KYSO Flash
Knock-Your-Socks-Off Art and Literature
Issue 11: Spring 2019
Tanka Prose:
591 words

Richard Diebenkorn’s Ocean Park #109 (1978)

by Charles D. Tarlton

Ocean Park #109: painting by Richard Diebenkorn
Ocean Park #109 (1978)1
Oil on canvas painting (101"x77")
Copyrighted © by The Richard Diebenkorn Foundation

Derive happiness in oneself from a good day’s work, from illuminating the fog that surrounds us.

—[Attributed to] Henri Matisse

I was going to say again it doesn’t “mean” anything. Here’s what I mean. The boy comes on in Godot to represent—what? Hope? Despair? Betrayal? The answer: Nothing, same old, same old. They wait and wait (and wait?) for Godot; meaning would have put an end on it, or, rather, had meaning been inserted it could have come to an end. Whatever the painter was originally intending here, the final version struggles only to become its own impenetrable blank unbesmirched canvas—“ must go on, I can’t go on, I’ll go on.” [*] We can see down into this one, faintly, deeper and deeper. Paint, cover up, rub out, paint again, cover up, rub out, paint....

maybe nothing is
the meaning. The paint being inert
goes where you put it
maybe meaning is like rain 
washing out a cistern

speaking in silence
writing in water on dry sand
playing on synaptic
vesicles in sleeping brains
he winks defiantly

The real difficulty here is this: every feature of this painting is exactly the sort of thing that indicates meaning! Deliberate lines drawn, crossing over, intersecting to make shapes, shadow-shapes, and wisps. There is a record here, of the painter’s passage, where he stood, where he bent and reached, whether he held a brush, a knife, a turpentine rag. And then he stopped. Are we supposed to go on then by ourselves, pick up the scent, and see it through?

it leads nowhere
giving us the clearest picture
of what’s not-present
what this picture is a picture of
we feel it in a tingle

it’s like all the paintings
ever painted, layered on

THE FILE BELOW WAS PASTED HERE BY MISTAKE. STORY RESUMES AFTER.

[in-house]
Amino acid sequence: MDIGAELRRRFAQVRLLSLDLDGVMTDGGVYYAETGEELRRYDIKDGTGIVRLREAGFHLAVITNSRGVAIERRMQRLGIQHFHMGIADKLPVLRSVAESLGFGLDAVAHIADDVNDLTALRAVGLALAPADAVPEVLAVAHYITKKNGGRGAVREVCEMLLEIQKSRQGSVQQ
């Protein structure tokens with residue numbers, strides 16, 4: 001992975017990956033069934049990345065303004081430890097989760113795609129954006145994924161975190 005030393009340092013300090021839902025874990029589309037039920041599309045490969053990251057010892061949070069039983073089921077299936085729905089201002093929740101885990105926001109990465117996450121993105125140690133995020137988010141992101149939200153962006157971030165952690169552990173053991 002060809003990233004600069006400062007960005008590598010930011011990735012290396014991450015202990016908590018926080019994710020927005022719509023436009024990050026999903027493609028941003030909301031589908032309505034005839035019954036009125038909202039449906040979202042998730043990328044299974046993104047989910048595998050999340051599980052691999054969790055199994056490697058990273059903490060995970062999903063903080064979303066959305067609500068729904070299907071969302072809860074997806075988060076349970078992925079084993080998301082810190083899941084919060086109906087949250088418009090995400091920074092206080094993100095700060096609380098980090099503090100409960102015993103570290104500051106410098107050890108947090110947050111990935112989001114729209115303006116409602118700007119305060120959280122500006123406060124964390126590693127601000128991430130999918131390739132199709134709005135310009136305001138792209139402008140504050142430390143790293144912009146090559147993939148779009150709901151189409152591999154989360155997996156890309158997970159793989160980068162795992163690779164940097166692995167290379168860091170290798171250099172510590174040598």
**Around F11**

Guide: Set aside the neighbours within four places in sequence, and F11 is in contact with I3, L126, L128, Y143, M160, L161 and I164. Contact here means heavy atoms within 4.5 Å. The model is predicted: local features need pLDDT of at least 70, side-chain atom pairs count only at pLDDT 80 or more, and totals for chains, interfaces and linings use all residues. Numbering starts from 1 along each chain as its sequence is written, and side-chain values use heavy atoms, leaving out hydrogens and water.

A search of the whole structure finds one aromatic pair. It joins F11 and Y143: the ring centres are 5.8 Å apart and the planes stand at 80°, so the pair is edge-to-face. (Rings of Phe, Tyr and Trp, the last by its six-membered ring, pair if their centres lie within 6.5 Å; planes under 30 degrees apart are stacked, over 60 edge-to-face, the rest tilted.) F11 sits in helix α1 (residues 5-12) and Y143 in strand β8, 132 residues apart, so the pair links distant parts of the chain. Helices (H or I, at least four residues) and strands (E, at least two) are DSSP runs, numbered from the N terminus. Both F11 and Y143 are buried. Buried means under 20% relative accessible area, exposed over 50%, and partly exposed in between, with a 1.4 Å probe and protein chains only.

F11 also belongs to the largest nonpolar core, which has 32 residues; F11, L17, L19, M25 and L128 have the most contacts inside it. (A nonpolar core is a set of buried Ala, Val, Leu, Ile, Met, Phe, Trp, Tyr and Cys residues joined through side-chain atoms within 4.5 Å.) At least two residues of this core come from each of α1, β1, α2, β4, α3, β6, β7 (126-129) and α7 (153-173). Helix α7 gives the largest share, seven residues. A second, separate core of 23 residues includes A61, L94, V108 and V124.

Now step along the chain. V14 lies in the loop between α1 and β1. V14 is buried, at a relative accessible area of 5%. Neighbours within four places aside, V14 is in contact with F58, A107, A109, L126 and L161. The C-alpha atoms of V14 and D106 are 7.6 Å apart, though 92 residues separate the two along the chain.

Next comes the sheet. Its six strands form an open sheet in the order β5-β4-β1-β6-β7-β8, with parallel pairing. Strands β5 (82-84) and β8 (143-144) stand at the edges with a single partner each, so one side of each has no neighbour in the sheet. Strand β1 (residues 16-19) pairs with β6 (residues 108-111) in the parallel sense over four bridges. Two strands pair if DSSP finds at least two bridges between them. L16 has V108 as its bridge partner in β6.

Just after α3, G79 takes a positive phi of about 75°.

layers, each layer blurred
to make way for the next one’s
serial maculation

In school I learned some of the formalities of Euclidean geometry, how the angle antagonizes rectilinear intentions, or when they are piled up in heaps then rearranged, you can build forms out of triangle, square, and trapezoid. And this: while parallel lines will never meet, in that same tautological world non-parallel lines meet only once, but more often in this pale palimpsest.

a window opened
and blinding sunlight flooded 
straight into your eye
it drowned the possibility 
of sight or blindness

a dingy canvas thrown 
over memories of stacked sticks
like the skeletons of pup tents
in rows at the hot sandy shore
the underside of dazzle

At a crucial juncture in the action of the work, just when the painter erred, he reached over with a large paintbrush (was this the initiating gesture? the place where he found traction?) and a coffee can of beige wash to cover his gaucheries so he could start again. When the muddy cover dried, the earlier mistakes still showed through, spidery and faint. But now so altered, still he loved them, searching in their smoky depths, listening to their whispered song.

the point of this one
is erasure (nothing’s left
of any patterns 
but their faint pastel shadows)
subterranean silhouettes

the way a bad dream
stabs at you, and you wake
with the horror still real
but in an hour has gone beneath
a soothing pale oblivion


a spectator’s art
is embodied, then effaced
what is going on?
the eyes of the aesthete
fear they have arrived too late

the spectators are late
roaming now in muted ruins
free to make their own
art, dream down through tissued layers
whatever they can find



* Publisher’s Notes:

1. “ must go on...” is excerpted from the last chapter of Samuel Beckett’s novel, The Unnamable.

2. Ocean Park #109 (1978) (oil and charcoal on canvas, 101"x77") by Richard Diebenkorn appears above with kind permission from The Richard Diebenkorn Foundation.

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